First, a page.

[sourcecode language=”python”]from nbapowerrank.tests import *

class TestGamedetailsController(TestController):

def test_index(self):
response = self.app.get(url(controller=’admin/gamedetails’, action=’index’))
self.assertEqual(len(response.tmpl_context.games) > 0, True)[/sourcecode]

And then all will be well with your world. I do have to say that compared to both ASP.Net MVC and Rails, the testing support in Python/pylons seems to be a second class citizen. I’m not sure why that is because as a dynamic language, it seems to benefit greatly from a TDD approach. Maybe it’s just me getting back into a framework after a year’s worth of changes.

Anyway, that may help some people out there trying to search in the googleplex about TDD and Pylons.

TDD With Python and Pylons

I’ve been doing some development on a website using Python and the Pylons web framework. I’m trying to stay pretty strict with Test Driven Development (TDD) though I run into problems because I’m still a complete novice with Pylons and a half-complete novice with Python. In my experience so far, unit tests are moderately difficult in Pylons and turn out to be something closer to the bastard stepchild of a redneck unit test and a 5th Avenue socialite mom. I feel that way because the unit tests require the Pylons framework to be set up correctly. They also often go outside their boundaries and I haven’t looked into any mock frameworks, though I have the feeling that using a mock framework with a dynamic language like Python is probably a stupid thing to say in public.

Regardless, I have really started to enjoy working with Pylons and that stems from the actual functional tests that are available through the framework. Specifically, my development flow has been something like this:

  • Write new functional test of the web site
  • Run tests to see them error out. Typical error message is that an action isn’t implemented on the controller.
  • Implement the basic controller and the action but leave out the functionality under test.
  • Rerun the test to see it fail.
  • Implement the functionality necessary to get a passing test. This often includes implementing database tables, keys, getting SqlAlchemy set up to correctly map data to objects and creating new templates for HTML.

The functional tests are nice because while they aren’t confirming look and feel type stuff, they at least put the flow of the application under test. I’m a purist when it comes to having unit tests only test the code they are intended for but I’m not a purist when it comes to writing unit tests first as the only way to design the application. With a website like this, I’m pretty happy writing functional tests to drive out the design of the web site.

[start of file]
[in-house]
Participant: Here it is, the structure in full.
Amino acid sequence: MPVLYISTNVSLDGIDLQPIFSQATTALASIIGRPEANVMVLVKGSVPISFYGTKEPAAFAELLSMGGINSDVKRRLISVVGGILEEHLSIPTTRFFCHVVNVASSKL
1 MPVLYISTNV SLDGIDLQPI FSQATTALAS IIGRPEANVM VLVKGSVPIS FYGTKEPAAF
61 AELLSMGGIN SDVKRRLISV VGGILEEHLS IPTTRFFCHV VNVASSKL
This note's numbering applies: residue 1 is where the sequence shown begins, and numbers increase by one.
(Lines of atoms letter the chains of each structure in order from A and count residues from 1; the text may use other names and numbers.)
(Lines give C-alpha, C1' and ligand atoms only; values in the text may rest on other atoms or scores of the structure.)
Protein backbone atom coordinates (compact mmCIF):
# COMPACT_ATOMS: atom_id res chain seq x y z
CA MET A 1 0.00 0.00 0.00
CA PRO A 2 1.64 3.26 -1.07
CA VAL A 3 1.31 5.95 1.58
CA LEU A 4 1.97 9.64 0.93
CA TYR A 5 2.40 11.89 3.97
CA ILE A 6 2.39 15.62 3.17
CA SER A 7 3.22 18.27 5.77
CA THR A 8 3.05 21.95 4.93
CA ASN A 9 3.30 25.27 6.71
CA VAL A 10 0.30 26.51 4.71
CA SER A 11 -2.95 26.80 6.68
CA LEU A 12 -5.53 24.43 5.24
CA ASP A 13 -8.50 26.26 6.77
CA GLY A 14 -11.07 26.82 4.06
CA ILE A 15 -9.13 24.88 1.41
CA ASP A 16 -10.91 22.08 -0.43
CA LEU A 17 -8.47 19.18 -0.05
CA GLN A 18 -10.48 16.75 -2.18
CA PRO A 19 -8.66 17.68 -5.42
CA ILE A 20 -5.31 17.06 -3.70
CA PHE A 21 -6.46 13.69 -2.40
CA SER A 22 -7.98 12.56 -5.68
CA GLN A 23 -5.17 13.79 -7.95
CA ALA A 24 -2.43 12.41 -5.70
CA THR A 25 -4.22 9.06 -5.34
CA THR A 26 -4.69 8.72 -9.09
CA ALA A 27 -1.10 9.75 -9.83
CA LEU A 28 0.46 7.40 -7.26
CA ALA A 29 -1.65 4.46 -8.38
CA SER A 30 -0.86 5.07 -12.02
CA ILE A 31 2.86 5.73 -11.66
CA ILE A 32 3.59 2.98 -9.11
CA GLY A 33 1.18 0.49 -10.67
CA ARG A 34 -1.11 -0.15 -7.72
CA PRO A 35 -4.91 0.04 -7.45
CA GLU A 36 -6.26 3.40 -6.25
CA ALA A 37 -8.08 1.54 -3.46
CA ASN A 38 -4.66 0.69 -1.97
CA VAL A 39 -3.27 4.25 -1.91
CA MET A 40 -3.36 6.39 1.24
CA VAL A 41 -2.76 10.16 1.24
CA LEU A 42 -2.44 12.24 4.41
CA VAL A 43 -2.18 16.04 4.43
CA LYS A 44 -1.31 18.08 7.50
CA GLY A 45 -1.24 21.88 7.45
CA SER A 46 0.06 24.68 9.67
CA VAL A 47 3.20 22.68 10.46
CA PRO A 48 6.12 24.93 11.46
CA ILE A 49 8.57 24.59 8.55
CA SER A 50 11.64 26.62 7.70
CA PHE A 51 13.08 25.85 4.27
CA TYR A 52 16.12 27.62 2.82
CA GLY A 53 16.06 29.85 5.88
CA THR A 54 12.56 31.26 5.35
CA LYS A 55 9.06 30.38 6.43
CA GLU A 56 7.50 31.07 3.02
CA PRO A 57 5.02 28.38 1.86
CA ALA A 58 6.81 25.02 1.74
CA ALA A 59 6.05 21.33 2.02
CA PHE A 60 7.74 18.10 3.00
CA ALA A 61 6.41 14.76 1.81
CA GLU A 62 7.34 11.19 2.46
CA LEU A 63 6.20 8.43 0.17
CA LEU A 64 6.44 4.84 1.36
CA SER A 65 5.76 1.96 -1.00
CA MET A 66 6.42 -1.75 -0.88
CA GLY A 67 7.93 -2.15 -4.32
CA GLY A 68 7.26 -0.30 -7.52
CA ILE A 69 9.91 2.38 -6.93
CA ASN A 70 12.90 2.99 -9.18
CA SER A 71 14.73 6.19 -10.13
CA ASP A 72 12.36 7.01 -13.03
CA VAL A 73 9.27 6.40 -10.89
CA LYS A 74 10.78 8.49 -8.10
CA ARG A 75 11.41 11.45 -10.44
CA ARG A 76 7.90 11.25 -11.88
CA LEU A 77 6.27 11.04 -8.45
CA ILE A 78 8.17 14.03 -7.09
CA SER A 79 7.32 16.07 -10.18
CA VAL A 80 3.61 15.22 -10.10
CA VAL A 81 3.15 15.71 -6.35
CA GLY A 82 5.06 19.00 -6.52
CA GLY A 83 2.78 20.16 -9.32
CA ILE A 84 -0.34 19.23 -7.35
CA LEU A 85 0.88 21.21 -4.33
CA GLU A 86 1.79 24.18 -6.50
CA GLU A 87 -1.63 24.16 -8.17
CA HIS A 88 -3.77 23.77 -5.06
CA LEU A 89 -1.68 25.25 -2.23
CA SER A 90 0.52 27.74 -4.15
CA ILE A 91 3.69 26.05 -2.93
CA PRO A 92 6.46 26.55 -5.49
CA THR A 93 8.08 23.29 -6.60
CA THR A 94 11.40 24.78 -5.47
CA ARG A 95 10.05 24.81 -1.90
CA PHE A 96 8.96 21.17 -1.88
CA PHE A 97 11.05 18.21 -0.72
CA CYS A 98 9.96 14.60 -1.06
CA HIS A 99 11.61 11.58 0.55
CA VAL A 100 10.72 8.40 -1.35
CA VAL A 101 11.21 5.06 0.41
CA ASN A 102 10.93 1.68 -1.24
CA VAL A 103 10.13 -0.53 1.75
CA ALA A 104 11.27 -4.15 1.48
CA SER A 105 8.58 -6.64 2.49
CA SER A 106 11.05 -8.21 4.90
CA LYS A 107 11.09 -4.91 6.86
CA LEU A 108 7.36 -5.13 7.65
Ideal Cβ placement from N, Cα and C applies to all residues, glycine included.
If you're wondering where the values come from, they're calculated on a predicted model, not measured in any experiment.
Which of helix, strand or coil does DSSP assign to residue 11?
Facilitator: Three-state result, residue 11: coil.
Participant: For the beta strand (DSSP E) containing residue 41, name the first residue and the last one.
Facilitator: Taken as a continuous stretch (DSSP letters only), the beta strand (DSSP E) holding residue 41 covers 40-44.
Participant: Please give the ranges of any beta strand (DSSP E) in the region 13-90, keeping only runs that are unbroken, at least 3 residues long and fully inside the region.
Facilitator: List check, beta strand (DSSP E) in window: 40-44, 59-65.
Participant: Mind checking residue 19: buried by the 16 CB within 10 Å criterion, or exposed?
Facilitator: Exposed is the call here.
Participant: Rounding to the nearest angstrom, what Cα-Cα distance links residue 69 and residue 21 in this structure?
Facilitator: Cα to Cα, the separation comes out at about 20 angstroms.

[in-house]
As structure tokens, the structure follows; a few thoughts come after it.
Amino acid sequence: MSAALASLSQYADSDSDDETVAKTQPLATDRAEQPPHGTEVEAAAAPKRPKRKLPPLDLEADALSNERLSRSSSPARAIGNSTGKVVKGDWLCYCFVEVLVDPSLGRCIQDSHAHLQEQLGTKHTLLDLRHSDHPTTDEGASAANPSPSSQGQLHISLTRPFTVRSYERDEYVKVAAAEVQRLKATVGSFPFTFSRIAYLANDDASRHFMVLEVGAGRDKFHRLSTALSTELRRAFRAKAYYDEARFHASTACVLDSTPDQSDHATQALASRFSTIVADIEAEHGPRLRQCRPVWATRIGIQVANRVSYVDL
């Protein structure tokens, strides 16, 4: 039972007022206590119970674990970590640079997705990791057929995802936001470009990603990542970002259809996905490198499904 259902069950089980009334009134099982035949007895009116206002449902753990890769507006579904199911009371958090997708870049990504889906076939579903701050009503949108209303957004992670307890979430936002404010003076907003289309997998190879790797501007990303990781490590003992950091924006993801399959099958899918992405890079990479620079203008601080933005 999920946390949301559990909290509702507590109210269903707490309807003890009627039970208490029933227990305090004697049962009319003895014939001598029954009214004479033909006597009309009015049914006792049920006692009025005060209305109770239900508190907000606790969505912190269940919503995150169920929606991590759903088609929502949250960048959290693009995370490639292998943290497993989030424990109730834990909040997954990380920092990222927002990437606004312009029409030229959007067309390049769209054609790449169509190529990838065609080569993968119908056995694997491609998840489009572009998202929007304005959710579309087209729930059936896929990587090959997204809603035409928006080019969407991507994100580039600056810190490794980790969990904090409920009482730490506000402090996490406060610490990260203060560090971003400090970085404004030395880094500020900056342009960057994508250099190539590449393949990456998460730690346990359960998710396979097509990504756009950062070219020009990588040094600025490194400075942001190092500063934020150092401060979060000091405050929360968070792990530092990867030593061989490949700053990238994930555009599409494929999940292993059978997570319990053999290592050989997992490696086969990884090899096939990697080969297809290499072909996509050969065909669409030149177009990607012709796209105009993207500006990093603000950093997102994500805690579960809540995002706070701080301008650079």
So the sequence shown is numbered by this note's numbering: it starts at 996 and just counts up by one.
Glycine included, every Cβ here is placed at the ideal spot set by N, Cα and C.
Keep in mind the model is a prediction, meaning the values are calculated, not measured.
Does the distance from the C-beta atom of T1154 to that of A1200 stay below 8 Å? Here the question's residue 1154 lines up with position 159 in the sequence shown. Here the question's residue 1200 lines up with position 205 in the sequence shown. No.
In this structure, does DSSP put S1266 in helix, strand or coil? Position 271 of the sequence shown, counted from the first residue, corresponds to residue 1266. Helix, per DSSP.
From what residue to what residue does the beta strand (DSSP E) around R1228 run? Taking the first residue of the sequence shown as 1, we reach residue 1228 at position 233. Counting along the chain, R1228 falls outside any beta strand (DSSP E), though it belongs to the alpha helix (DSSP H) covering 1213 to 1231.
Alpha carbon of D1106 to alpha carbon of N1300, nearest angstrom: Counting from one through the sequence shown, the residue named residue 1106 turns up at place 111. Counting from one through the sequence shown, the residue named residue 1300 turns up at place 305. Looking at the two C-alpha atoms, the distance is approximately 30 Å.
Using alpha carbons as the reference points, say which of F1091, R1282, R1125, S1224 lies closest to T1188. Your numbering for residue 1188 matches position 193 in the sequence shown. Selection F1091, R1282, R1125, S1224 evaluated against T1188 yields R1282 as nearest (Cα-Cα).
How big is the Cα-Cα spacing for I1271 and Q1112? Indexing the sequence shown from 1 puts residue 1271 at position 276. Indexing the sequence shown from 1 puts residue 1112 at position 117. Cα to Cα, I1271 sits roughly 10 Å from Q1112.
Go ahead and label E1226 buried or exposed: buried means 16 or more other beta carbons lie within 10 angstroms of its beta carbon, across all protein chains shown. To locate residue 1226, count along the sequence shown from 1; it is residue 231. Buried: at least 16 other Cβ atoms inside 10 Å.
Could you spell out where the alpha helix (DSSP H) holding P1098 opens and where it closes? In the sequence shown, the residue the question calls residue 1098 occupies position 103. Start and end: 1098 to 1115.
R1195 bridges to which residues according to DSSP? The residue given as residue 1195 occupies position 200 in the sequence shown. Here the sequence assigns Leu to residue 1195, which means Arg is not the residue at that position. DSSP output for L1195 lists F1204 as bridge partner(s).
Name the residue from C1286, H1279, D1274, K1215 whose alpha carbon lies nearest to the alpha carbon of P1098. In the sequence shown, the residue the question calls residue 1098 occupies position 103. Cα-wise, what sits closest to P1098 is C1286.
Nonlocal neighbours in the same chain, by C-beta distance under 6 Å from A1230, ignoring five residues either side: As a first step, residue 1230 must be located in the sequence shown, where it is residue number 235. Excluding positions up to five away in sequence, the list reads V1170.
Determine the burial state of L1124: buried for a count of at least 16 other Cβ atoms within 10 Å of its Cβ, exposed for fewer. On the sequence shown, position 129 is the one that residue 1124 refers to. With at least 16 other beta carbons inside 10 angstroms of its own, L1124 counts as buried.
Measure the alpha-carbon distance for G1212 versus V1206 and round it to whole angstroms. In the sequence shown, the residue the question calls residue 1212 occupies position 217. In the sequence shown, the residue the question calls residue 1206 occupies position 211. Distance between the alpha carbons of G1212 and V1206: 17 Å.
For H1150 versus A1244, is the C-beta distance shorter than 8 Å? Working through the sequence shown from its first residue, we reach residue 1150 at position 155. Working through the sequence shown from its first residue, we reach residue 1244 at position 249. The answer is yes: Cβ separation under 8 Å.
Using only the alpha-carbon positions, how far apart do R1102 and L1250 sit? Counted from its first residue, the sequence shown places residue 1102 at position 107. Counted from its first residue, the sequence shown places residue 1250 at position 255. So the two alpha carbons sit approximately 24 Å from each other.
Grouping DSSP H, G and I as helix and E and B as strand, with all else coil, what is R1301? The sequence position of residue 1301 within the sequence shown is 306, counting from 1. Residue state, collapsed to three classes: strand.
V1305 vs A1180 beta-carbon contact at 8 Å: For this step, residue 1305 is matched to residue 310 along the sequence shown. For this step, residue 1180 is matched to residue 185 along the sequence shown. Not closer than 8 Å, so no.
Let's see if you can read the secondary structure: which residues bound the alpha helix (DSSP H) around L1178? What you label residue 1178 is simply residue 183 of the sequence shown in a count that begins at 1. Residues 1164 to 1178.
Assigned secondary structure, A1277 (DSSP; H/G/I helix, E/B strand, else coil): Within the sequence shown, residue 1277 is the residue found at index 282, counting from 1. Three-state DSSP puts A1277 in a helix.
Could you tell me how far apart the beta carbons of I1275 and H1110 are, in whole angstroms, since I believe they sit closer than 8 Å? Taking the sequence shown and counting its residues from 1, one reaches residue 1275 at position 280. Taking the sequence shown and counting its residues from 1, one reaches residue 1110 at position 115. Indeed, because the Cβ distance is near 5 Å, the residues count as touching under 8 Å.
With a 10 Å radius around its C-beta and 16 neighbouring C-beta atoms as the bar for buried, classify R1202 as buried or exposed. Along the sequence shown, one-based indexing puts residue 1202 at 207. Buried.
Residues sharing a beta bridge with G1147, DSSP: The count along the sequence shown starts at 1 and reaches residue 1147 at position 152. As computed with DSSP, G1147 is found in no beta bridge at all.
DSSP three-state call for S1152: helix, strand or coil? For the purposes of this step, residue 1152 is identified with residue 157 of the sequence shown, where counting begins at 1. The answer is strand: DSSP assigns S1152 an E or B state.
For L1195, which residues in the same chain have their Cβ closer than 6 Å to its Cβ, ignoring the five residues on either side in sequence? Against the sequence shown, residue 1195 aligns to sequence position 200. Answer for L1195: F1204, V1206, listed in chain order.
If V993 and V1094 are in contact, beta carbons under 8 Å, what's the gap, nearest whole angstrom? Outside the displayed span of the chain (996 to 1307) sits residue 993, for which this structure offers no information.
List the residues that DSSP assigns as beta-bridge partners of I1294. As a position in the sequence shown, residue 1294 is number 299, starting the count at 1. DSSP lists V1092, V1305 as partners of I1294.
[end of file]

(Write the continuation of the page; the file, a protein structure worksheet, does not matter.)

Here are some code snippets from my current website (try to ignore the fact that this looks like it might have something to do with horses and the Kentucky Derby, especially if you work for the NSA.)

First a test:

from darlydowns.tests import *
from darlydowns.model import meta
from darlydowns.model import horse


class TestHorseController(TestController):
    def test_index(self):
        # setting up a temp horse to make sure one exists for the test
        tempHorse = horse.Horse('my temp', 'my description')
        meta.Session.save(tempHorse)
        meta.Session.commit()

        response = self.app.get(url_for(controller='horse'))
        ## Test response...
        assert len(response.c.horses) > 0

        meta.Session.delete(tempHorse)
        meta.Session.commit()

Here we have a test that tests the response from a request for a URL that is handled by the controller “horse”. This controller grabs all the horses in the database and displays them in a table. The test saves a temp horse, gets the list, verifies the list contains at least 1 horse and then deletes the temp horse to clean up after itself.

Here’s the controller code that allows the test to pass:


import logging

from darlydowns.model import meta
from darlydowns.lib.base import *
from darlydowns.model import horse
from darlydowns.model.horse import Horse

log = logging.getLogger(__name__)

class HorseController(BaseController):

    def index(self):
        c.horses = [horse for horse in meta.Session.query(Horse).all()]
        return render('/horses.mako')

One of the beauties of Pylons is how little code is required to do something, once the project is set up. Here our HorseController has an action of “index” which is defined as a method. It grabs all the horses from the database and then uses a list comprehension to collect them into the c.horses variable. It then renders the template “horses.mako” which knows how to layout the web page using the horses found in the database.

Once this was done, I wrote code to save a horse, all driven out by the functional tests. I’ve been pretty happy with how the design is driven from these tests as it’s often quite clear where to proceed next in the application from the last test. Lots of times, other functionality comes up that doesn’t logically flow next but I just add that to a growing todo list in the project to make sure nothing is skipped.

Pylons takes a little getting used to, especially since I come from a static, everything in once solution sort of background. With Pylons, you need to learn Routes and Mako and SqlAlchemy but once you get your head around all those tools, it’s a joy to work with.

UPDATE: Welcome to everyone coming here from the Python subreddit. If you have any tips for testing using Pylons, feel free to drop me a comment. I’d love to hear about other people’s experiences.